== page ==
Foodie Tuesday: Artful Eating

Another pleasure of travel—of getting out of my familiar paths and habits—is discovering not only new things to eat but new ways of preparing and presenting foods I might have known all along. Whether there’s some entirely unforeseen ingredient or the known ones are combined in a completely unfamiliar way or plated more exotically or beautifully than I’ve seen before, it’s all, well, food for thought. And a danged fine way to assuage the hunger pangs brought on by wandering and exploring in new territory.

The time we spent in Europe in July was yet another happy example of this truism. So much so that I’ll just give you a few tantalizing shots for your contemplation and not go further. You’ll be wanting to dash off for lunch before I have any time to go on further anyhow, don’t you know.Photos: Artful Eating (Series) 2014-08-05.2.artful-eating 2014-08-05.3.artful-eating 2014-08-05.4.artful-eating 2014-08-05.5.artful-eating 2014-08-05.6.artful-eating 2014-08-05.7.artful-eating 2014-08-05.8.artful-eating

Coming in for a Landing

Travel! When the opportunity arises, it’s such a joy. And one of the pleasures is that first glimpse of Destination from the plane as it’s approaching the airport. On the recent trip, that was Hungary. Well, Frankfurt first, for the layover and change of planes, because Budapest is, inconveniently, not a direct flight from Dallas-Fort Worth International by means of any airlines that wanted to haul 100 wonderful yet mildly wacky choristers and choir groupies like us over there.Photo: Wing Watching

But then there was the arrival in Hungarian airspace, the gradual coasting down below the thirty thousand foot level, the passing through a thick padding of cloud, and the gradual appearance, between shreds of the last clouds, of lovely farmland and countryside, soon followed by equally tantalizing sightings of increasingly suburban and urban zones. As the craft eases toward the runway, there’s that little tickle at the back of the brain that says, This is Finally Real! After weeks and months of planning and imagining and arranging the possibilities, thinking the adventure infinitely far away, suddenly one is looking out a plane window at trees and roads and buildings of a place-that-is-not-home, and it feels quite lovely, even if one is groggy from a long day or night (or more) of travel to get there.Photo: Aerial Patchwork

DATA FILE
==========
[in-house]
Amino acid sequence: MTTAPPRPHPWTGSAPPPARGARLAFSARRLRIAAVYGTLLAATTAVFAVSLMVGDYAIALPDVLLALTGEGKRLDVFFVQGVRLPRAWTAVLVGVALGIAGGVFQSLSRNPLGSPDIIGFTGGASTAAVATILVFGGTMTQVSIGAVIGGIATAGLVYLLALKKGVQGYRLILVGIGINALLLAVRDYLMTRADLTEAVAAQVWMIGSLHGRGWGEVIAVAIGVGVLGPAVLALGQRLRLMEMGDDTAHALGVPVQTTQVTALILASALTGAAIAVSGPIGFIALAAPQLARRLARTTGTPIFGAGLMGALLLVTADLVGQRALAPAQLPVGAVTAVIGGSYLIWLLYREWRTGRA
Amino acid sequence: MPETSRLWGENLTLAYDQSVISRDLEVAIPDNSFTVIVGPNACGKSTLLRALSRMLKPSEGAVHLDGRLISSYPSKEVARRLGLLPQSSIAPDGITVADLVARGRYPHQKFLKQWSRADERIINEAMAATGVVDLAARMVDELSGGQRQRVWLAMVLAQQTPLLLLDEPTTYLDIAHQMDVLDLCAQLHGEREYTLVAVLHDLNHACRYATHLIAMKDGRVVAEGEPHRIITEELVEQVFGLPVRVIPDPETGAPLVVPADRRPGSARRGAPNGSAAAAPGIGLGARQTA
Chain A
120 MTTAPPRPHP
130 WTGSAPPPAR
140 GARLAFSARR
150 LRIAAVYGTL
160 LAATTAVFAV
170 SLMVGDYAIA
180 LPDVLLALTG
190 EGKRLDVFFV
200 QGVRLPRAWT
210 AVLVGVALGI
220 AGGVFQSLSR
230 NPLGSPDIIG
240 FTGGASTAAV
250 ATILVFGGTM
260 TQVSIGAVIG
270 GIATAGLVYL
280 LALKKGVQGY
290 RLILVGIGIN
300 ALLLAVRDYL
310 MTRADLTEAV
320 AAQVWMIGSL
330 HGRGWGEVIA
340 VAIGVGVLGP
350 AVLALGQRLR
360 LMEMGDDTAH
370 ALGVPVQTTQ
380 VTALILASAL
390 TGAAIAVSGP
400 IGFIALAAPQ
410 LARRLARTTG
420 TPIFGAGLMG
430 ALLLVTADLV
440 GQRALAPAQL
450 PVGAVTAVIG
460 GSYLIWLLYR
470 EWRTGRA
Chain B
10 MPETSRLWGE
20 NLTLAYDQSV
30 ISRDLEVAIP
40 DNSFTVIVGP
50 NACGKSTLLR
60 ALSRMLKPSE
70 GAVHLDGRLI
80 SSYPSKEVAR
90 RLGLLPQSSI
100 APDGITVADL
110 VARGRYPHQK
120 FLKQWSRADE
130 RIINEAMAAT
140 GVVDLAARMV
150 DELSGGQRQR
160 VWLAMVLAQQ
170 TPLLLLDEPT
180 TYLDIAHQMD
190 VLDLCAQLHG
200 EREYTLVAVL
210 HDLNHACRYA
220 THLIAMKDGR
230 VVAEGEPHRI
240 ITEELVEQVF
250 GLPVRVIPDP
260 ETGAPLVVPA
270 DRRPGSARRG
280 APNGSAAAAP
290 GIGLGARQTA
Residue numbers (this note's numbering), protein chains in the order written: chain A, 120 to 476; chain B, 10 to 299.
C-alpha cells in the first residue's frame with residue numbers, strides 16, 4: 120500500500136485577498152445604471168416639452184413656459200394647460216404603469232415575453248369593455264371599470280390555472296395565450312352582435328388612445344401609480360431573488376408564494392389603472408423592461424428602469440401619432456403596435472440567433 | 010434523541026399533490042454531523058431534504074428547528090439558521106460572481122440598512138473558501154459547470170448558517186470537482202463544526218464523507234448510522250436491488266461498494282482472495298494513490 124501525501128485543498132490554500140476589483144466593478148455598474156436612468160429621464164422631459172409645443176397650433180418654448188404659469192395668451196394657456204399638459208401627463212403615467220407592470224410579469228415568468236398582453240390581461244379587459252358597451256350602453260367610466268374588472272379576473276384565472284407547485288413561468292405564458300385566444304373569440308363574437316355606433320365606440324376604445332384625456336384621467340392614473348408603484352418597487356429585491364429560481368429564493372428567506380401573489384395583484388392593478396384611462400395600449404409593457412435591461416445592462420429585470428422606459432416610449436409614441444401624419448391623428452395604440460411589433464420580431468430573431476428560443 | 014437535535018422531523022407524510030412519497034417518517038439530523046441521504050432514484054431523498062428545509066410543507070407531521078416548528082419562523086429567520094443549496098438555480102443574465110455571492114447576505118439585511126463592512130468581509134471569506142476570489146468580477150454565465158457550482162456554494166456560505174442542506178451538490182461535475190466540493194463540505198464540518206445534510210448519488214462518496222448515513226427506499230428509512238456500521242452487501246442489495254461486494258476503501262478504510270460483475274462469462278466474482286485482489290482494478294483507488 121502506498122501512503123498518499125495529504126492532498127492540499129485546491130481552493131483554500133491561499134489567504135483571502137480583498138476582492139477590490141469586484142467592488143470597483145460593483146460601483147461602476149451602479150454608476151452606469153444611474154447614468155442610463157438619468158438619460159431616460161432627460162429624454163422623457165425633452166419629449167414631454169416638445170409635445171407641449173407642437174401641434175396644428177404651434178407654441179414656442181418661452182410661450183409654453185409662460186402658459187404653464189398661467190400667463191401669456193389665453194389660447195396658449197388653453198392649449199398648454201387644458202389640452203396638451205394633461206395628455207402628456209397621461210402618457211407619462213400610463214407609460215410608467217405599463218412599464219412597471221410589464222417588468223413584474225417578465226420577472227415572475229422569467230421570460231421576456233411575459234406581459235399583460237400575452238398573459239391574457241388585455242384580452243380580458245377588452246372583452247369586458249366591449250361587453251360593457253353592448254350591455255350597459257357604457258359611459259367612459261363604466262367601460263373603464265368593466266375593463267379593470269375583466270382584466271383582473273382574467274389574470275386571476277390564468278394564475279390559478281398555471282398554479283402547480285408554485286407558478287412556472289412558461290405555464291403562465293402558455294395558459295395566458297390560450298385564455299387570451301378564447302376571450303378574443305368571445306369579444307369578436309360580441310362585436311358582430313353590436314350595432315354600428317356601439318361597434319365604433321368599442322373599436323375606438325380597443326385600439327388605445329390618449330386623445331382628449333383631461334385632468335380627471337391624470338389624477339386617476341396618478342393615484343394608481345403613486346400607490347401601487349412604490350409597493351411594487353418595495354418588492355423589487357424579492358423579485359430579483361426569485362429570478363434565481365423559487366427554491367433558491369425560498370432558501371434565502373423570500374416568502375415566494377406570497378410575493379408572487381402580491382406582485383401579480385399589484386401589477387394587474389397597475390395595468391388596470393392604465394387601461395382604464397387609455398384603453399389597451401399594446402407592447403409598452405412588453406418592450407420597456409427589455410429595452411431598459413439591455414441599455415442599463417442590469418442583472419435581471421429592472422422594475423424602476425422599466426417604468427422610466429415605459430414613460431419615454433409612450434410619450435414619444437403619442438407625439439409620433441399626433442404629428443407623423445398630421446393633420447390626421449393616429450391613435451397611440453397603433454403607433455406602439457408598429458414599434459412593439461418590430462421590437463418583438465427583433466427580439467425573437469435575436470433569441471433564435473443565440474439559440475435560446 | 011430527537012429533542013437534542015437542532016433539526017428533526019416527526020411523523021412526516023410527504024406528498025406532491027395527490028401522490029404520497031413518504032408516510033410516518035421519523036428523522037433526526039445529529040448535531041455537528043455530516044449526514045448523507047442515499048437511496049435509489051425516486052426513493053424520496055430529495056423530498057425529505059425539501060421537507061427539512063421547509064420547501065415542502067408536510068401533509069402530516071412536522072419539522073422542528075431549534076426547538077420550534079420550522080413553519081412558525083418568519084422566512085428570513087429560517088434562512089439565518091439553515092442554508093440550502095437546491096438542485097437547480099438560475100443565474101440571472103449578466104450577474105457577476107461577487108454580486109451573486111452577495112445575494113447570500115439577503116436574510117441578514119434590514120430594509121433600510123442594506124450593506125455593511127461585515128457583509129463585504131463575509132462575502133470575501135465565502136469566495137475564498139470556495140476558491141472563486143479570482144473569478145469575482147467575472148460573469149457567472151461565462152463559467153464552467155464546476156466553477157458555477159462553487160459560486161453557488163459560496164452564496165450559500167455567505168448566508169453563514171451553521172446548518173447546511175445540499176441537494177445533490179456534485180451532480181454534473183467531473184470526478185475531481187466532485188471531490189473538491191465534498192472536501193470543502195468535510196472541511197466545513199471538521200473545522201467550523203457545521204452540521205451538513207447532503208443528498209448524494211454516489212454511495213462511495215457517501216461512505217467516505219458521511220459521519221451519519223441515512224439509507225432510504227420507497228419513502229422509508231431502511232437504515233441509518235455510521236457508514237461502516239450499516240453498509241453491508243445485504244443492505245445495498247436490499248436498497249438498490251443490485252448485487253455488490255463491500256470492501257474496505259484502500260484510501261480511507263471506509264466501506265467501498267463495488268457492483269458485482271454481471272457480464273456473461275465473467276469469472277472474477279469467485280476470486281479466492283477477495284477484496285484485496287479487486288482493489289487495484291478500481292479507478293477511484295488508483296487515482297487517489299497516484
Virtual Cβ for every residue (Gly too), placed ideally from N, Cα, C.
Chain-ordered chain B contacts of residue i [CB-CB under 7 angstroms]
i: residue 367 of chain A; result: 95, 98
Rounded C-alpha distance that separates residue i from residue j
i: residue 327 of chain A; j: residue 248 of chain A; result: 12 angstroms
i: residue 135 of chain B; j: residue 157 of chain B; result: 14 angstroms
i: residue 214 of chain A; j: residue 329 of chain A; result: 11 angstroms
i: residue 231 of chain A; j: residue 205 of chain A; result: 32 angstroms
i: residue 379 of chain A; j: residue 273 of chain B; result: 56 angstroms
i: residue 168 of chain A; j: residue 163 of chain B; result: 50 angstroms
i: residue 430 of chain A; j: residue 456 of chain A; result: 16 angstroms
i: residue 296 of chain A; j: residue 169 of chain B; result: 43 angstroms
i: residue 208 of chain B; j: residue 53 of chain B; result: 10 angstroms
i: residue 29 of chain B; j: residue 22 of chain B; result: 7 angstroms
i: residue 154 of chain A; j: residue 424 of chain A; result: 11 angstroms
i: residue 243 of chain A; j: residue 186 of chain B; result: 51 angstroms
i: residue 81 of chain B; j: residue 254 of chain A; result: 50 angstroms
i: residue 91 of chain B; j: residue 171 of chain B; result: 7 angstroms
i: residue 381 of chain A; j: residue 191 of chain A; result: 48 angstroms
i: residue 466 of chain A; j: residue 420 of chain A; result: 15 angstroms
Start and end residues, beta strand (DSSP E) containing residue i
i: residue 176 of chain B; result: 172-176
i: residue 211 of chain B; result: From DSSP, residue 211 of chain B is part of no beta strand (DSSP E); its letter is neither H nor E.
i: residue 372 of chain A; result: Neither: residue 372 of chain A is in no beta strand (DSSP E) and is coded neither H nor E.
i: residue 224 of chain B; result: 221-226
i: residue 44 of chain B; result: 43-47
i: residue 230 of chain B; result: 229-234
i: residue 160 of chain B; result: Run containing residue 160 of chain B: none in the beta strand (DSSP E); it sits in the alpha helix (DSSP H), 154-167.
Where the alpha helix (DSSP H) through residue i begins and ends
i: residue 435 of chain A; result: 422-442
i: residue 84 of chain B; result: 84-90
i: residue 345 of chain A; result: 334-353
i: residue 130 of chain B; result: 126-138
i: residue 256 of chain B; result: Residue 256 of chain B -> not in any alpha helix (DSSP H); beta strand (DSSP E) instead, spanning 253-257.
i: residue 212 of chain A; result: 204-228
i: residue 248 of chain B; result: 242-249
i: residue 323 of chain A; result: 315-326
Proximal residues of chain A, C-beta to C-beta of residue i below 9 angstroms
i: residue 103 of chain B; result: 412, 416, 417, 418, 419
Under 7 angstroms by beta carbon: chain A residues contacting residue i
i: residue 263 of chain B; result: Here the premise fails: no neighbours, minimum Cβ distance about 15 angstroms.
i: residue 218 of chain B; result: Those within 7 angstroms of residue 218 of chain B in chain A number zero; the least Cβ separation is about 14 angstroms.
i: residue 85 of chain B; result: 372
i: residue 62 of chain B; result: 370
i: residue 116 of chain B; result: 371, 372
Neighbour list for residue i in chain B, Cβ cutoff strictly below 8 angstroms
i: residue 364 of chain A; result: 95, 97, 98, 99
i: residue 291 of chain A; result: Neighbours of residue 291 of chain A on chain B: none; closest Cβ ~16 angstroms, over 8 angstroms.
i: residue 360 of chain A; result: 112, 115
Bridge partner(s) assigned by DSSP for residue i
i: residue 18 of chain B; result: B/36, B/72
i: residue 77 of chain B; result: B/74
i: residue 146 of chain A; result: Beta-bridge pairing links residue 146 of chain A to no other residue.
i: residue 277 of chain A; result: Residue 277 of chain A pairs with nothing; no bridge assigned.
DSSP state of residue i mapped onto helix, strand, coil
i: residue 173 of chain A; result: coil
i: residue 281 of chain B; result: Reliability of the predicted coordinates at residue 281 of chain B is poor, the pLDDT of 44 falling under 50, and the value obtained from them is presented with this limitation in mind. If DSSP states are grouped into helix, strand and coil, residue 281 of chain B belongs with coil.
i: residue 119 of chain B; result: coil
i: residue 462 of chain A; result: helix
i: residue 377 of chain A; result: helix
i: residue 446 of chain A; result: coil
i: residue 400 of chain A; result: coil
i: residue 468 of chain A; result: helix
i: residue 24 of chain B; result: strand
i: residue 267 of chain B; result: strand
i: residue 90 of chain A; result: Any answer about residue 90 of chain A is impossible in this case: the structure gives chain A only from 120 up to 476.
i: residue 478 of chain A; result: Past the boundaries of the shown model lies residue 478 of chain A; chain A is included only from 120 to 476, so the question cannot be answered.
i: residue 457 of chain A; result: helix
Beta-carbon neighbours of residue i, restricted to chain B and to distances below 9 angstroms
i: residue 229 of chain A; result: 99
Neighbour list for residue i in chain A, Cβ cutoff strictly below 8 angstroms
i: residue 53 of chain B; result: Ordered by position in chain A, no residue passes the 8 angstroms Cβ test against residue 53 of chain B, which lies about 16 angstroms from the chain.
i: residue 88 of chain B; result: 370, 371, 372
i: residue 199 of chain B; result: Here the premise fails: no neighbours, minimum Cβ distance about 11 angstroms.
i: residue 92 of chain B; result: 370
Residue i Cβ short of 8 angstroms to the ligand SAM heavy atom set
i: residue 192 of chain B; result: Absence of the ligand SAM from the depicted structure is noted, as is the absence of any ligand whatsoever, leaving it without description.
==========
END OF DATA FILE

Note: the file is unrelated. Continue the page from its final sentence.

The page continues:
Returning home after travel can have something of the same effect, of course, since even when it’s awful to have the holiday or away-time end and worse, there are chores and jobs and catch-up of all sorts to attend as soon as the wheels touch the tarmac, there’s still that bit of gladness welling up at the sight of familiar yet unfamiliar land below, stuff not normally seen from such an elevated angle. And it also says that the known comforts of home are not far off after a long day or night (or more) of travel to return.Photo: Signs of the City

So I’ve now had both versions of the experience anew, more than once each as it happens, in a recent journey and, rather than dulling the pleasure, it reminds me afresh of what appeals and beckons about flying off to distant places. And about winging back to home turf, too. Flying from Dallas to Frankfurt, Frankfurt to Budapest, riding in massive coaches with the choir from Budapest to Vienna to Prague; flying again from Prague to Stockholm, then Stockholm to Frankfurt to Dallas—and all the while, looking out windows for signs between the buildings, the trees, and the clouds to say that some new sort of excellence lies just ahead—this is a journey worth all of the weeks and months of labor and dreaming, plotting and packing, and one that only makes me hungry for more.Photo: Over Budapest

Foodie Tuesday: Some Useful Rules for Desserts

Our recent trip in Hungary, Austria and the Czech Republic served as a fine reminder that Europeans have some special talents when it comes to taking advantage of the fun factor of making and enjoying desserts. A cafe many of us from the choir tour group found on our stop just before crossing the Hungarian-Austrian border had a menu loaded not only with bright, shiny pictures but dessert items guaranteed to put any dedicated diner into a happy but instantaneous snacking coma.

Photo: Dessert Rules 1

You really have to admire any dessert that is not only as substantial as this but has booze or some effectively delicious substitute for it in the mix.

Photo: Rules of Dessert 2

Switch a few of the ingredients and keep the sugary deliciousness quotient (and possibly, the eaters) high, and the menu begins to expand. As do waistbands on both sides of the international border.

Photo: Rules of Dessert 3

Something with a typically European liquor flair keeps the menu distinctly local, perhaps. Even if your typography can’t keep up with your recipe tinkering, good taste will abound.

Photo: Rules of Dessert 4

Hot raspberry sauce = Heisse Liebe (Hot Love, a traditional romantic dish) when served over rich vanilla ice cream. A great dessert for honeymooners (I just happen to know), and another way to brighten up the sweetness of a giant sundae.

Photo: Rules of Dessert 5

No reason to limit the brightness of either color or flavor to raspberries and ice cream; why not add yogurt and kiwi fruit for some jazz?